The purpose of this project was to use seam carving for content-aware image resizing. It is based on this paper. The idea is to compute an optimal seam along which to remove pixels of the image. By defining an energy function at each pixel, we can find an 8-connected path either vertically or horizontally through the image with minimum total energy using a simple dynamic programming algorithm. The following illustrations, excluding the bells and whistles section about different energy functions, all use the L2 norm of the gradient -- sqrt((dx)^2 + (dy)^2). I further assume that at the image borders, neighboring pixels are black, for the purposes of gradient computation. In order to do horizontal seams, I simply transpose the image first, calculate vertical seams, and then transpose the image back for displaying and saving purposes, as suggested.

I was able to generate some awesome images! Photo credits are at the bottom of the page.

Video!

**1. Make It Fast**

I made my program run faster by storing the optimal seam at each image size into JSON files, so that the next time one would like to resize the image, these seams can be read instead of being recomputed by dynamic programming.

**2. Seam Insertion**

I also tried my hand at seam insertion, and the results were very successful! I employed a simple algorithm: supposing we want to insert n rows/columns, compute n vertical seams as if they were being removed, then for each pixel in each seam, shift over the row, starting there, to the right and insert at that position the average value of the neighboring pixels. Here are some results.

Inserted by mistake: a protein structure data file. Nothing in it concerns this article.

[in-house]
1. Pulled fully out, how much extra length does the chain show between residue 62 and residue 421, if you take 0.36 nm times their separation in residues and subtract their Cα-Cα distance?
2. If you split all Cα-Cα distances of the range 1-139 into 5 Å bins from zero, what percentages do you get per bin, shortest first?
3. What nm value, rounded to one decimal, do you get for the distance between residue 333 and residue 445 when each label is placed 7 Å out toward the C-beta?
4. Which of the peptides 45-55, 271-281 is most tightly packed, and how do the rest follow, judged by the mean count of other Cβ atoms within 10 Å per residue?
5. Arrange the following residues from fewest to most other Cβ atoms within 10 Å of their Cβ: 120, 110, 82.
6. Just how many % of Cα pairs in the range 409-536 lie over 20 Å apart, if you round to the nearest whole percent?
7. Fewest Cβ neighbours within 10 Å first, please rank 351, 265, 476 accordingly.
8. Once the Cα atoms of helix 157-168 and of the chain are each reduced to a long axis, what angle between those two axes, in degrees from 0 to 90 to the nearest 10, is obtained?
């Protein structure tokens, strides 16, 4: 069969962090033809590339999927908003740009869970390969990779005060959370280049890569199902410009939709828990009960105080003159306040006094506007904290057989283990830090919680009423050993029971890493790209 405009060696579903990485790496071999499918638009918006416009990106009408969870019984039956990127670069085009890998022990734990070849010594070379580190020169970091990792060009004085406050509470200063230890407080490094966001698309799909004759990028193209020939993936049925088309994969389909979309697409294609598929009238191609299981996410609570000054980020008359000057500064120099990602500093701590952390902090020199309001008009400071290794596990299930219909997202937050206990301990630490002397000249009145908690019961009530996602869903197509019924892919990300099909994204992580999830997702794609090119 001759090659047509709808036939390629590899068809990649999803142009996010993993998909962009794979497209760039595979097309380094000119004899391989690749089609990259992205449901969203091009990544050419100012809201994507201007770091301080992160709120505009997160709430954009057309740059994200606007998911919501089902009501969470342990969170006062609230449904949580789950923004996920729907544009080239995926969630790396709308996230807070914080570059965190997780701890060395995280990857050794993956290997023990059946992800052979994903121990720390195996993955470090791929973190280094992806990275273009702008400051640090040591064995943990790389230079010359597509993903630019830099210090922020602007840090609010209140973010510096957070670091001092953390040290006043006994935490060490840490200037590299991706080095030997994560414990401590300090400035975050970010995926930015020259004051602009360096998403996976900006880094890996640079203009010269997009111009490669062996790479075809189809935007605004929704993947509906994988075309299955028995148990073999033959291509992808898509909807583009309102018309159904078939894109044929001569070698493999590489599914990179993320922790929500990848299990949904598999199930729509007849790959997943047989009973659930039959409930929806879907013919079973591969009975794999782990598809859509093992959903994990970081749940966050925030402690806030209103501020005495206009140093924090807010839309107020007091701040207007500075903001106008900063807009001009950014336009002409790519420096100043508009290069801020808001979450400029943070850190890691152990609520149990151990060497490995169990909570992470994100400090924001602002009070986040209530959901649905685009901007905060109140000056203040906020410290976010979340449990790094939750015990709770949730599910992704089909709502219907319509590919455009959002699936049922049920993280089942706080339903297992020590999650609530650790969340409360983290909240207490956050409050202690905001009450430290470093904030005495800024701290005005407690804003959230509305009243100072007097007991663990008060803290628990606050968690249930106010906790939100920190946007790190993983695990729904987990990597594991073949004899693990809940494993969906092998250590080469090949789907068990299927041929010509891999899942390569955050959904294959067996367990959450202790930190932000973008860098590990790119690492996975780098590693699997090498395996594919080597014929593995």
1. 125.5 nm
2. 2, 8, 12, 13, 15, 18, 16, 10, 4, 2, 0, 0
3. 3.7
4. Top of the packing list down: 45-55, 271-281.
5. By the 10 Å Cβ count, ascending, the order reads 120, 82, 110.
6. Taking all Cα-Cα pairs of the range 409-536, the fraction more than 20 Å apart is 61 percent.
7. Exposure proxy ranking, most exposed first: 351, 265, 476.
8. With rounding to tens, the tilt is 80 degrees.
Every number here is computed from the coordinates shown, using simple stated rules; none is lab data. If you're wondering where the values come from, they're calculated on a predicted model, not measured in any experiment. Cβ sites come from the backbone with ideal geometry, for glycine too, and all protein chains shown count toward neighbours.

**3. Different Energy Functions**

I implemented and tested three different energy functions for this project: L1 norm of the gradient, L2 norm of the gradient, and entropy (built into the image processing library I used). The L1 norm and L2 norm yielded nearly identical results, whereas the entropy function yielded slightly different results for certain images. In image processing, entropy measures the amount of information coded in an image -- an image with high entropy cannot be compressed as much as one with low entropy, because it contains fewer runs of same-valued pixels. Here are some results and analysis.

The most important thing that I learned from this project was definitely that difficult-looking and very cool image processing techniques are not far beyond my grasp without any starter code! I remember when I first watched the video in lecture, I was dazzled and imagined that the implementation of such a resizing algorithm would require thousands of lines of programming and a complex energy function derived from arcane mathematical principles. However, with just a few lines of code and a basic L2-norm gradient function, I was able to generate the same behavior, which is very inspiring!

**Photo Credits: All images were obtained from Google Images search, except for one of the fish images which I took myself.**